Highlights From the Barbara Davis Center’s July Keystone Conference


Recently I had the pleasure of attending the Barbara Davis Center’s “Management of Diabetes in Youth” conference, held every other year in beautiful Keystone, Colorado. The focus is on all of the latest and greatest in type 1, and it’s a real treat to have so many of the best names in this field gathered in one place. The Barbara Davis Center (BDC) is one of the premier programs in the world focusing on type I diabetes management, and the one (Dr. Peter Chase, to be precise) who brought us the famed” Pink Panther” book, Understanding Diabetes – the reliable handbook of type 1 diabetes that many parents of newly diagnosed kids rely on.

Peter Gottlieb, MD, Associate Professor of Pediatrics at the BDC and principal investigator in a number of diabetes prevention trials regarding the rise in incidence and types of diabetes-
• Due to increased longevity, about 23.5 million people (10.7% of the U.S. pop. over age 20) have type I
• Three phenotypes of adult type I’s seen when newly diagnosed:
• Classic T1DM – similar presentation to childhood type I, but occurring in adults
• Highest incidence for type I is in northern Europe, then Canada, followed by the U.S. and Australia.
• Currently seeing about 75, 800 new cases per year
• The “Promise of Tomorrow” for type I kids:
~ An improved understanding of epidemiology and natural history
~ Better technology- through sensors/pumps and the closed loop system
~ Immunotherapy being developed and tested
~ Beta cell regeneration therapies

Irl Hirsch, Diabetes Treatment and Teaching Chair at the Univ. of Washington-
~ LADA (Latent autoimmune diabetes in adults) – those who are able to still make some of their own insulin for a few years
~ Those known as “type 1.5″ – the type 2’s who are antibody positive (but whose issues are different than the more classic type 1’s)

Georgeanna Klingensmith, MD, Chief of the Pediatric Clinic at the BDC and Professor of Pediatrics at the University of Colorado Denver
On type 2 diabetes in children-

• Recommends the following treatment guidelines: Hemglobin A1C <6.5 and FBS< 120, postprandial bgs < 140, and doing finger sticks twice a day, 3 to 5 days a week, and whenever ill (unless taking insulin, in which case they may need to do it more)
“To get a good HgbA1C you want to go as low as possible, as soon as possible, as safely as possible, and as rationally as possible.”
“As many of you already know, type I is not going away, but rather is increasing at a 3-5% rate per year. The best registries in Finland showed that the average age of diagnosis was 10-14 yrs. but the new shift has been to a much earlier age.”
“Lifestyle change must be a part of any intervention, but it needs to be used in combination with drug therapy. Only 10-15% of children with type 2 will be able to respond with lifestyle changes alone.”
Regarding monogenic forms of diabetes
• 1-3% of all pediatric diabetes are actually monogenic forms
• Many MODY (Maturity onset diabetes of youth) patients are misdiagnosed as type 1 or type 2.
• “You need to know when they have MODY so you can predict the clinical course and it will explain those other associated features. ”
• William Winter, MD, Professor of Pathology and Pediatrics at the University of Florida in Gainesville:
• Could MODY be the answer to why some people claim they are able to wean themselves off insulin and be cured?

David Kendall, Chief Scientific & Medical Officer for the ADAOn treating infants and toddlers-

• “These neonates may not have the regular antibodies; early onset diabetes can be caused by mutations in the insulin gene or in the MODY genes, or by different syndromes.”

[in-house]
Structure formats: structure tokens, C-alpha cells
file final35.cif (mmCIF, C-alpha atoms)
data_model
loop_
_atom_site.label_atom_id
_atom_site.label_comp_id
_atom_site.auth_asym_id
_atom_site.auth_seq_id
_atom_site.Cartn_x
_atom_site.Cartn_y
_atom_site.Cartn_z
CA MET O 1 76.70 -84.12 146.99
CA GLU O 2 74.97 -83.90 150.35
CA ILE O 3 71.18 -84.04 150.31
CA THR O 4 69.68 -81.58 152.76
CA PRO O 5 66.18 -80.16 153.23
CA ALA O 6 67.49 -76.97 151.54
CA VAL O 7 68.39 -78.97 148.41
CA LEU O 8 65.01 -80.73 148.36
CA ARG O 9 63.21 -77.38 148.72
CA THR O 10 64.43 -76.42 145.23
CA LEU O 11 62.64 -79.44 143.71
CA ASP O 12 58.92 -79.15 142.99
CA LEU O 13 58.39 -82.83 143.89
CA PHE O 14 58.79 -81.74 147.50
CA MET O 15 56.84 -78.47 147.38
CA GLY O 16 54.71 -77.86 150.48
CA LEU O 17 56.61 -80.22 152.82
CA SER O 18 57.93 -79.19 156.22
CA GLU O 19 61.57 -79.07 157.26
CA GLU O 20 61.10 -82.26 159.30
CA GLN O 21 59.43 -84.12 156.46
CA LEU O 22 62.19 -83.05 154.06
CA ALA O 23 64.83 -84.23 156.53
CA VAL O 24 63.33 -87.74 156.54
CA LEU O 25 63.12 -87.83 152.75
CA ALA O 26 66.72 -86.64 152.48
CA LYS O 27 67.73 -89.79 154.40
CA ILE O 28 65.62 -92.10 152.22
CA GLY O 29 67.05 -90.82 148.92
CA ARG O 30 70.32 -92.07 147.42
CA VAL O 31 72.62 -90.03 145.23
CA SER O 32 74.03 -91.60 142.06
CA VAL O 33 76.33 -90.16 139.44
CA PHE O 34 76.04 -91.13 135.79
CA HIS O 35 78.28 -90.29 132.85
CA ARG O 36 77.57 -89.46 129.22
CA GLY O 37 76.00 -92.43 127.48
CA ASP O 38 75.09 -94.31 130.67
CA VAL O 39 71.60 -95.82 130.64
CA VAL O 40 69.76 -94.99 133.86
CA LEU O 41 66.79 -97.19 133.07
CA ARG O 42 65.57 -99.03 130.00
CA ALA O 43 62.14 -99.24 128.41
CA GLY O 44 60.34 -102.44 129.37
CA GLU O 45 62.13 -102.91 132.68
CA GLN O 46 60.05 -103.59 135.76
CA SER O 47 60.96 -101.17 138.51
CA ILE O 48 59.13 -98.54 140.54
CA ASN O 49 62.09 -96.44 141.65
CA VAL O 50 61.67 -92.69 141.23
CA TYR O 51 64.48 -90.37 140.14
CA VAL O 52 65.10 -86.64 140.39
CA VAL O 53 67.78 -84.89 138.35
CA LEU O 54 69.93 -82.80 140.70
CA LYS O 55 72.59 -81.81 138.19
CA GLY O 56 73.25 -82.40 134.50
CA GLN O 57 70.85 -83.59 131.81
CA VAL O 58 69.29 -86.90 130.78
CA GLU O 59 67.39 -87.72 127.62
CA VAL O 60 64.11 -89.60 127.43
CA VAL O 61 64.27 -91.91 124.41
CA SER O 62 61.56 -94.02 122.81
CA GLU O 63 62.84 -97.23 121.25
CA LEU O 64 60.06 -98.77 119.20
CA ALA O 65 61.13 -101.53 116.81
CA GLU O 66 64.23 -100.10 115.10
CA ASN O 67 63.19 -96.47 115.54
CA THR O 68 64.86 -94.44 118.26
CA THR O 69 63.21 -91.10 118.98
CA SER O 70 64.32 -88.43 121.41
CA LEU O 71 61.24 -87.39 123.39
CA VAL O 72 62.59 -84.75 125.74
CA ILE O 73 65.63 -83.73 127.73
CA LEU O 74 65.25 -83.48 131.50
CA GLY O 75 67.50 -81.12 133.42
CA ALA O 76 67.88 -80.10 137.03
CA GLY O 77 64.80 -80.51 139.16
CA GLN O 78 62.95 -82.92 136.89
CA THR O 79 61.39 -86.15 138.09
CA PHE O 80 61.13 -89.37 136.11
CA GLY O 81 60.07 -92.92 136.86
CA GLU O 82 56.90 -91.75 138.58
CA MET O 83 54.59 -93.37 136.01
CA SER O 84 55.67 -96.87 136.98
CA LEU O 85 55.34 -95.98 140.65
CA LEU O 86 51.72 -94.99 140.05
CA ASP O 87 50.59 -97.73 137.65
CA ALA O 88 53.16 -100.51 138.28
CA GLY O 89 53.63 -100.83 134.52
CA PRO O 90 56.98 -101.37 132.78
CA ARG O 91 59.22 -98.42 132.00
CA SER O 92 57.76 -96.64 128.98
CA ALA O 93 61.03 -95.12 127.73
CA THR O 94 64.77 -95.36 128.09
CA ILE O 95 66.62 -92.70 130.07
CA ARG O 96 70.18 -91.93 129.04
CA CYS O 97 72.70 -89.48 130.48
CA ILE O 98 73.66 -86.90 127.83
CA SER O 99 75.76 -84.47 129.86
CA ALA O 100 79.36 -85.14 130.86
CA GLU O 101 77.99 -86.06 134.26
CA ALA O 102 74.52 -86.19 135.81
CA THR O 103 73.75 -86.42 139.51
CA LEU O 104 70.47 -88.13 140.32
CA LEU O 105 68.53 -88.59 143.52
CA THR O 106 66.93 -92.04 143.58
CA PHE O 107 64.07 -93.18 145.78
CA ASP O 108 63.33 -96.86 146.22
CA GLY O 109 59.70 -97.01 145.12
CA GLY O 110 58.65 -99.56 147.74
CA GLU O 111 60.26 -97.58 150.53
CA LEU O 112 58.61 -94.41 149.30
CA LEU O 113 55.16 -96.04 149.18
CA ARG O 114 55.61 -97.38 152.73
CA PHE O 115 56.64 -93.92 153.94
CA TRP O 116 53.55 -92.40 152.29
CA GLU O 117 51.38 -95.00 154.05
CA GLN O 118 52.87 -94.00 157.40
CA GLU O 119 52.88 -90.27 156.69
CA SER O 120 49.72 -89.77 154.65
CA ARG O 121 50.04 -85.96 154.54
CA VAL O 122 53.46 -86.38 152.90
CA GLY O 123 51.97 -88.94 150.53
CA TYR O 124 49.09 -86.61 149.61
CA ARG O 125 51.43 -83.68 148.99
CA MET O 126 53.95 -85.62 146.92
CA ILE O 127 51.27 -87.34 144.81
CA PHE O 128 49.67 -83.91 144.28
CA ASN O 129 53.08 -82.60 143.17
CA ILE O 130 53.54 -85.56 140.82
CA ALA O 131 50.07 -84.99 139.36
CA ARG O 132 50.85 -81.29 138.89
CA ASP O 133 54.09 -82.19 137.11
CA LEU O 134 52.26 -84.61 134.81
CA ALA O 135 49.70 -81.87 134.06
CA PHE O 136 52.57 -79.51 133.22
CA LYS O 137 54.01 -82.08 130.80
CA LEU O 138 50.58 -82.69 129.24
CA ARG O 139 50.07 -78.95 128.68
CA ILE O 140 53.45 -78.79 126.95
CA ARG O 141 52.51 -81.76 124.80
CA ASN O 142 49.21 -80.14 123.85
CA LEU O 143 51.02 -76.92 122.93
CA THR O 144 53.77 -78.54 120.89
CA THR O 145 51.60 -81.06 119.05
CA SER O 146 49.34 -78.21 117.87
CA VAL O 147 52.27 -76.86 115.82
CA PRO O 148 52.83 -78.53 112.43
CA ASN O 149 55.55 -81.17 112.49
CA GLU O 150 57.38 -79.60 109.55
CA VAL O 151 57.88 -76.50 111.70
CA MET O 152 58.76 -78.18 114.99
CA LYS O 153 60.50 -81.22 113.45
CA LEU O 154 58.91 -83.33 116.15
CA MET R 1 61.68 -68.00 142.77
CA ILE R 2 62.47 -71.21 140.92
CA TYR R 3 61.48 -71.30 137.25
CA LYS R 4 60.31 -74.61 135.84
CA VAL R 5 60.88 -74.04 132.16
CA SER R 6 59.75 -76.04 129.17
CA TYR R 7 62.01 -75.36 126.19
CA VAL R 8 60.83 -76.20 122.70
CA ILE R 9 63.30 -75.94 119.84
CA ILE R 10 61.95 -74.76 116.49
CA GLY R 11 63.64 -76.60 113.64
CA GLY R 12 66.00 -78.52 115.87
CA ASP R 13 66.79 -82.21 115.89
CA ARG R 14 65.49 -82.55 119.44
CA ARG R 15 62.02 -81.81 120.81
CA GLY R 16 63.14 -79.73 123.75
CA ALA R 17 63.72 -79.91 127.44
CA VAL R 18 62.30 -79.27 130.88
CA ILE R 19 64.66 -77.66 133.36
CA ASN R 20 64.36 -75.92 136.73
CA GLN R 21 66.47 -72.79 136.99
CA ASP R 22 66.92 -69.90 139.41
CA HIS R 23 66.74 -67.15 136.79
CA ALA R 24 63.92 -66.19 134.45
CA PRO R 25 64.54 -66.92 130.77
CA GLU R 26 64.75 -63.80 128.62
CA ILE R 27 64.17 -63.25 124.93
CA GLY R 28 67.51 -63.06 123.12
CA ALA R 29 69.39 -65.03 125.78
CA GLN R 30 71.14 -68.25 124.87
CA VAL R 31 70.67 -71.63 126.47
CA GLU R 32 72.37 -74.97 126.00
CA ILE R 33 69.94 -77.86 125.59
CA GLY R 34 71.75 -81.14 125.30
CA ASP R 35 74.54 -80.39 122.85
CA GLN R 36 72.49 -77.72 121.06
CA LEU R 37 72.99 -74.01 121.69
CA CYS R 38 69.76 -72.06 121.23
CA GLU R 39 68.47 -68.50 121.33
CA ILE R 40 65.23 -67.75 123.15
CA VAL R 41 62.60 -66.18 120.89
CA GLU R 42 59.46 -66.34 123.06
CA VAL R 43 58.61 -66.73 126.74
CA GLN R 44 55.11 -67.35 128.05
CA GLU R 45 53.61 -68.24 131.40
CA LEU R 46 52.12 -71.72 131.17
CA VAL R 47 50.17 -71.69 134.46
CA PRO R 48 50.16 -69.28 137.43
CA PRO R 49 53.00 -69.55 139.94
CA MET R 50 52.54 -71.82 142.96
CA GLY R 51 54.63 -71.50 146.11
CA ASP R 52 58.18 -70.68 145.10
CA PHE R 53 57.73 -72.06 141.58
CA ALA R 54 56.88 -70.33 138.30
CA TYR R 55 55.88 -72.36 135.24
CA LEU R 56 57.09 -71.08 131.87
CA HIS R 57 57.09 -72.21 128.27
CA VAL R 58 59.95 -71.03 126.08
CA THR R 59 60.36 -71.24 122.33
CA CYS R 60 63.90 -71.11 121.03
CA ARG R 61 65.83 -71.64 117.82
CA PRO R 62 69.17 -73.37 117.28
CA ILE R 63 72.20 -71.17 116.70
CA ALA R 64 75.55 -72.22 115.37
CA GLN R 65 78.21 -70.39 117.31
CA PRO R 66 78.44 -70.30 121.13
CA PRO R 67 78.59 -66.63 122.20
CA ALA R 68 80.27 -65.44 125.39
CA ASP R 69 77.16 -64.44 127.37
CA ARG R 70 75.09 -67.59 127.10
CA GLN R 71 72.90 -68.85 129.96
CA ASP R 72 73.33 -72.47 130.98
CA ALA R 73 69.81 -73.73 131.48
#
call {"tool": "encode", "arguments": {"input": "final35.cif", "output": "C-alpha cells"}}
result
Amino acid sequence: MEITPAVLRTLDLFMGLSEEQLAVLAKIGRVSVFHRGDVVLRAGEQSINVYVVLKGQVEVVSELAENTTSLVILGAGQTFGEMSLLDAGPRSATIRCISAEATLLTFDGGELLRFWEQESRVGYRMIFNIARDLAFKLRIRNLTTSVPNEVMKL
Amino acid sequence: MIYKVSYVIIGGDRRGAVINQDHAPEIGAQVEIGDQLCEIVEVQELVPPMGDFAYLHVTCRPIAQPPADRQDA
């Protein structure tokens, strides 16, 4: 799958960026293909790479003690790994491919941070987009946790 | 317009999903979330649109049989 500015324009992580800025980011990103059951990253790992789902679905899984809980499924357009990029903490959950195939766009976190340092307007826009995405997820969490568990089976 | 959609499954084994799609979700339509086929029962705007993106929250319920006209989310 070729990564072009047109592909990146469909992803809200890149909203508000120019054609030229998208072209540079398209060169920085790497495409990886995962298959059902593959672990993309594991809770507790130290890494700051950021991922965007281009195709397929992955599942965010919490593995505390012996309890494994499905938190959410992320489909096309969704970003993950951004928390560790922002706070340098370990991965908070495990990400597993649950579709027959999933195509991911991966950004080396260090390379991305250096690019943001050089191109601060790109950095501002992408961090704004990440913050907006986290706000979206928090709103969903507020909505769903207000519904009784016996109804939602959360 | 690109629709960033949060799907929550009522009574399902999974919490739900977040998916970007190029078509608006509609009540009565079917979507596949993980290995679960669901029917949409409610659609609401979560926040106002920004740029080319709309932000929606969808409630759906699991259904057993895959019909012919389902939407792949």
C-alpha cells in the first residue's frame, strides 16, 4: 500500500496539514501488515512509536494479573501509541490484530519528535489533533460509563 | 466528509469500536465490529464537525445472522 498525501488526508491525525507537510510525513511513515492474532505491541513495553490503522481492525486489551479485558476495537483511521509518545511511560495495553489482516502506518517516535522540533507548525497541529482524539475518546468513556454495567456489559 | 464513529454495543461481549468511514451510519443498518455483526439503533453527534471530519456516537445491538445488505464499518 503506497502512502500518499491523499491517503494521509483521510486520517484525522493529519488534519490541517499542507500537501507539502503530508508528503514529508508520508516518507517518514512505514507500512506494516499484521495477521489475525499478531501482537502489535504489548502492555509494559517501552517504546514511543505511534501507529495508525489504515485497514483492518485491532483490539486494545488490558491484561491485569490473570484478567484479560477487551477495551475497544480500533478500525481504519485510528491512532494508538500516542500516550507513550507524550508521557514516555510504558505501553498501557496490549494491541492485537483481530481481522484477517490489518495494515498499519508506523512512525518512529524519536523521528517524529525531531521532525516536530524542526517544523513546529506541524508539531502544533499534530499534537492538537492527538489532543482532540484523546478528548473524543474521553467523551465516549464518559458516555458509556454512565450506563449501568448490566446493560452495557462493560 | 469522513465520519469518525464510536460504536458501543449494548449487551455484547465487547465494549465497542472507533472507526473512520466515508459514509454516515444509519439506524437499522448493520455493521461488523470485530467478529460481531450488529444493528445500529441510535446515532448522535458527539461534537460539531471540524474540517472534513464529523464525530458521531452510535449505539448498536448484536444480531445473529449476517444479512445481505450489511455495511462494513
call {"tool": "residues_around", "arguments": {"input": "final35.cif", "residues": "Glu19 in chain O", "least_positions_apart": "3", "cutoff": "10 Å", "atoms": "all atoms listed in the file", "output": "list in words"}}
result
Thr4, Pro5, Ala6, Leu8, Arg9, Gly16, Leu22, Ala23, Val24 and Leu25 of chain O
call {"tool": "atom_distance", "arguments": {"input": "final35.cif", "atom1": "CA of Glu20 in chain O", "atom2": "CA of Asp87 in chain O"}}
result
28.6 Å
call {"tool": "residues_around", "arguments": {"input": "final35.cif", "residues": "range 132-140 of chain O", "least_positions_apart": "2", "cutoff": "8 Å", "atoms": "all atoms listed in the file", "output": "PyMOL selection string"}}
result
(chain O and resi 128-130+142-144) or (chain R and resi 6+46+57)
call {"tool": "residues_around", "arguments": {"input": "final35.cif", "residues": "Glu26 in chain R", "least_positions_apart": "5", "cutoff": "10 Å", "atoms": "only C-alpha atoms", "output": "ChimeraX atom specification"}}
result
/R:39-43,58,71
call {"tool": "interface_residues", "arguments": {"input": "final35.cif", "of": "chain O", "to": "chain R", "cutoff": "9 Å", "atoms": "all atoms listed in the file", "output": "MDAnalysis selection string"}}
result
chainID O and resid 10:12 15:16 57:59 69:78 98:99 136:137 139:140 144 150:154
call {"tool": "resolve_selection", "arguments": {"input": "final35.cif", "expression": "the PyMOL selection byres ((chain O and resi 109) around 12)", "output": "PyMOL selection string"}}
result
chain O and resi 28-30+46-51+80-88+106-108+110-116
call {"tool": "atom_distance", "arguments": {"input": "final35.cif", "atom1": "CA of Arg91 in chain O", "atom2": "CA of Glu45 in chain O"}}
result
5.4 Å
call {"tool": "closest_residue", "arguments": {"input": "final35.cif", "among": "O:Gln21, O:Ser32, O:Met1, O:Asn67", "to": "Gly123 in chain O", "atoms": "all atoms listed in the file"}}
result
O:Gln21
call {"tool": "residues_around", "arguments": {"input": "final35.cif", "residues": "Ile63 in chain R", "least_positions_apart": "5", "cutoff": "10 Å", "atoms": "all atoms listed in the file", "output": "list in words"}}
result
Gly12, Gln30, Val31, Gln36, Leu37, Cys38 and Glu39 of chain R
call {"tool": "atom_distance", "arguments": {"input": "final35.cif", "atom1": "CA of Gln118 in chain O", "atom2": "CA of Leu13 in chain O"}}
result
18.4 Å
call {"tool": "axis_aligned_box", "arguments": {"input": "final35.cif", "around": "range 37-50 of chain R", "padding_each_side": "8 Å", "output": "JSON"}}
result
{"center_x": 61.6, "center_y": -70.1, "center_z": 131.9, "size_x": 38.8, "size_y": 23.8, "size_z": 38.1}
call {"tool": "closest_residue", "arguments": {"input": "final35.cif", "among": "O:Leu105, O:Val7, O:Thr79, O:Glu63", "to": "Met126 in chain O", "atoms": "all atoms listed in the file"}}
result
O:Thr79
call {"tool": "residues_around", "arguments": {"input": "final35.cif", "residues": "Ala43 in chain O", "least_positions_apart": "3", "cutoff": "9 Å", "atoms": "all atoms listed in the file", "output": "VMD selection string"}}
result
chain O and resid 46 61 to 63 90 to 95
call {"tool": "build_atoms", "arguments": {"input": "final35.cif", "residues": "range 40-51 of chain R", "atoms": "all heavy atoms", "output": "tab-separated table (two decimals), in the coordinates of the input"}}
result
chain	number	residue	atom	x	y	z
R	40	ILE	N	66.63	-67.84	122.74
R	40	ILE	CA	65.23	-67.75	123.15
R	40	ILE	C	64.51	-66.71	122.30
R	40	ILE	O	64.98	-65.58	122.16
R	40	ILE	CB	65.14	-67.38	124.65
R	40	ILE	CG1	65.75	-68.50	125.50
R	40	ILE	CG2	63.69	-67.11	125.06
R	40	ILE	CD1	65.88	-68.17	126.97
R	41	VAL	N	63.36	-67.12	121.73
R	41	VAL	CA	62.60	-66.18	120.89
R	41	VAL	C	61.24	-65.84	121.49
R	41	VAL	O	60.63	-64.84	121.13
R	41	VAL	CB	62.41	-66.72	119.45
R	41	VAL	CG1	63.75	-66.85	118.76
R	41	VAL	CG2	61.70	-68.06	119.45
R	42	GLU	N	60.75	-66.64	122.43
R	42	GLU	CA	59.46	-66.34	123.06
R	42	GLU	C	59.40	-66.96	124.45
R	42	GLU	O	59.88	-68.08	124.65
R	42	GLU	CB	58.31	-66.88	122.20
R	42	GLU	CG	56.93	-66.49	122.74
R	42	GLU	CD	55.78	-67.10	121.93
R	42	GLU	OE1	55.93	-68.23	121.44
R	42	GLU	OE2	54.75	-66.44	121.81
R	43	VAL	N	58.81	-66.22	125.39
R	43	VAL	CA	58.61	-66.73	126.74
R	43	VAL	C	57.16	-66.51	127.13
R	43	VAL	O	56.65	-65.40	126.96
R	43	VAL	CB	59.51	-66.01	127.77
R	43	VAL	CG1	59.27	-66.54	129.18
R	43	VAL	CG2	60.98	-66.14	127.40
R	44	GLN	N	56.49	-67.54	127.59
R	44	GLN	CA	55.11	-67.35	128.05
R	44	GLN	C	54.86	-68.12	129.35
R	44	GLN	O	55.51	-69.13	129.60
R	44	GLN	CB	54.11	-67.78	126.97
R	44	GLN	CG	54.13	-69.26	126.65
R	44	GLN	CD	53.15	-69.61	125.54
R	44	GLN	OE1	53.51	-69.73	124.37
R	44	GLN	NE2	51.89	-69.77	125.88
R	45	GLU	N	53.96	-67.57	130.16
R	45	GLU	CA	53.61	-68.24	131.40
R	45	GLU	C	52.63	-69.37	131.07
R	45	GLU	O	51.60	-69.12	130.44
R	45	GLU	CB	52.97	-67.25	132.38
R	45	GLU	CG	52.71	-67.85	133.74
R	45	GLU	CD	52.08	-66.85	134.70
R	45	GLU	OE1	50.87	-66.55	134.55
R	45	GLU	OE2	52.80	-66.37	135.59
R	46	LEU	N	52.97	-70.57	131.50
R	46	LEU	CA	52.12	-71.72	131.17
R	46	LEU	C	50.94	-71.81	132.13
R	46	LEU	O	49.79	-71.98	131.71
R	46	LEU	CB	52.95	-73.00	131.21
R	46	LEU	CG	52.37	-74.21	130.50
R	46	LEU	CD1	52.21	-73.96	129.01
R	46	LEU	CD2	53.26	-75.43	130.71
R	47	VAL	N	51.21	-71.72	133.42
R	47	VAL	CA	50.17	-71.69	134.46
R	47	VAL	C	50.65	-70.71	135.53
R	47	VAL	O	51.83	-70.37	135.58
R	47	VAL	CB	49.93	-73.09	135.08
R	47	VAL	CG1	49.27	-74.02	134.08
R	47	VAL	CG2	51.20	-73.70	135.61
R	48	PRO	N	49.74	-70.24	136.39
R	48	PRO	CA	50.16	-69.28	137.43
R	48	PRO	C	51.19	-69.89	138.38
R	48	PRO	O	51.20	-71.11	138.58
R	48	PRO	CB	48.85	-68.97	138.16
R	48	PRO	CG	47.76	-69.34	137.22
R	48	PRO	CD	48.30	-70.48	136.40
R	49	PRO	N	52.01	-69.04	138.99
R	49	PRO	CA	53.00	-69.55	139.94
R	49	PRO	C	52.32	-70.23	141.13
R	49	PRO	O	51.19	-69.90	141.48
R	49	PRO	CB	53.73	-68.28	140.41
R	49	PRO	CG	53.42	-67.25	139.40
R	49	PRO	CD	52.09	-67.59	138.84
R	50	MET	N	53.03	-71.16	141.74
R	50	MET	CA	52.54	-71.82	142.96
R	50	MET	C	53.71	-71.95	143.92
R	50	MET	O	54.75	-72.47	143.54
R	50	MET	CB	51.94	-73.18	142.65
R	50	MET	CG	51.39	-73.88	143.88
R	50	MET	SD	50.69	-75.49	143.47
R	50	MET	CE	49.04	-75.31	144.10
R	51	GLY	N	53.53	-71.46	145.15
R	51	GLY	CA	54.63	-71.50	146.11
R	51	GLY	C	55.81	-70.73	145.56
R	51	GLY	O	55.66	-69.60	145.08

• These babies should be tested for a genetic disorder right away and oral therapy instituted with sulfonylureas (being monitored very carefully and frequently)
• www.diabetesgenes.org, a lab in the UK, will perform this testing at no charge if DM onset is prior to six months of age.
• Since both hypoglycemia and hyperglycemia can have adverse effects on the developing brain, and can cause processing difficulties, parents need to be well educated on the risks of long term highs and lows
• Caring for the caregivers is important –
• Identify resources and support, and keep dad in the picture.
“Parents need to be told that they are not responsible for all of their child’s low or high blood sugars.”-

Tips on management
• Reminders about the importance of dosing adequately before meals to prevent postprandial highs:
• Test one hour prior to eating, and then follow this guide:
• If bg 200 or below, bolus 20 minutes pre-meal
• If bg 200-300, bolus 30 minutes before
• Try to take insulin 20 minutes before eating and give enough to cover 30 carbs to start, if you will eat at least that much, and then take the rest later, after you start eating.

Some thoughts from Gary Scheiner, MS,CDE, nationally-recognized diabetes speaker and author of Think Like a Pancreas:
• With or without all of the technological data we now have, we still need to always look at the bg patterns and individualize the plan of care.
• Tailor your program to the patient’s needs, their interests, and their abilities.
“I am not a big fan of HgbA1C’s; it’s better to look at the percentage of bgs within range.”
” Make sure that the patient’s goals and yours are the same!”
“Spend time learning about the latest devices and methods.”
“Fine tune basals first – respect the basals; it is the foundation of the whole management program.”
“Monitor and adjust often, and do a 3am [test] at least once weekly to know what’s going on in the middle of the night.”
• Attitude is everything. “Be aggressive from the get-go.”

• While you can let kids be kids, there are certain ‘non-negotiable’ responsibilities:
~ Bg monitoring
~ Taking your insulin
~ Preventing hypos
~ Keeping up with and getting professional care

Grace Shih, RD, who has extensive experience with type I diabetic children with eating disorders through her work at Stanford’s Packard Children’s Hospital and in private practice presents on Diabulimia-
• While there is a certain criteria to identify it (ED-DMT 1, Eating Disorders and Type I Diabetes), there is still no official diagnosis to date.
“Strong family support makes all the difference.”
“Start with getting them to take their basal insulin again – to take it once a day (hopefully being observed by a family member).”
“Then get them to check their blood sugars and start doing corrections again.”
“The final step – bolusing insulin again per their carbohydrate intake!”

Johnny Ludvigsson, MD, Professor of Pediatrics and Head Physician at the Div. of Pediatrics in Linkoping Univ. Hospital in Sweden, and principal investigator of the GAD trials in Europe-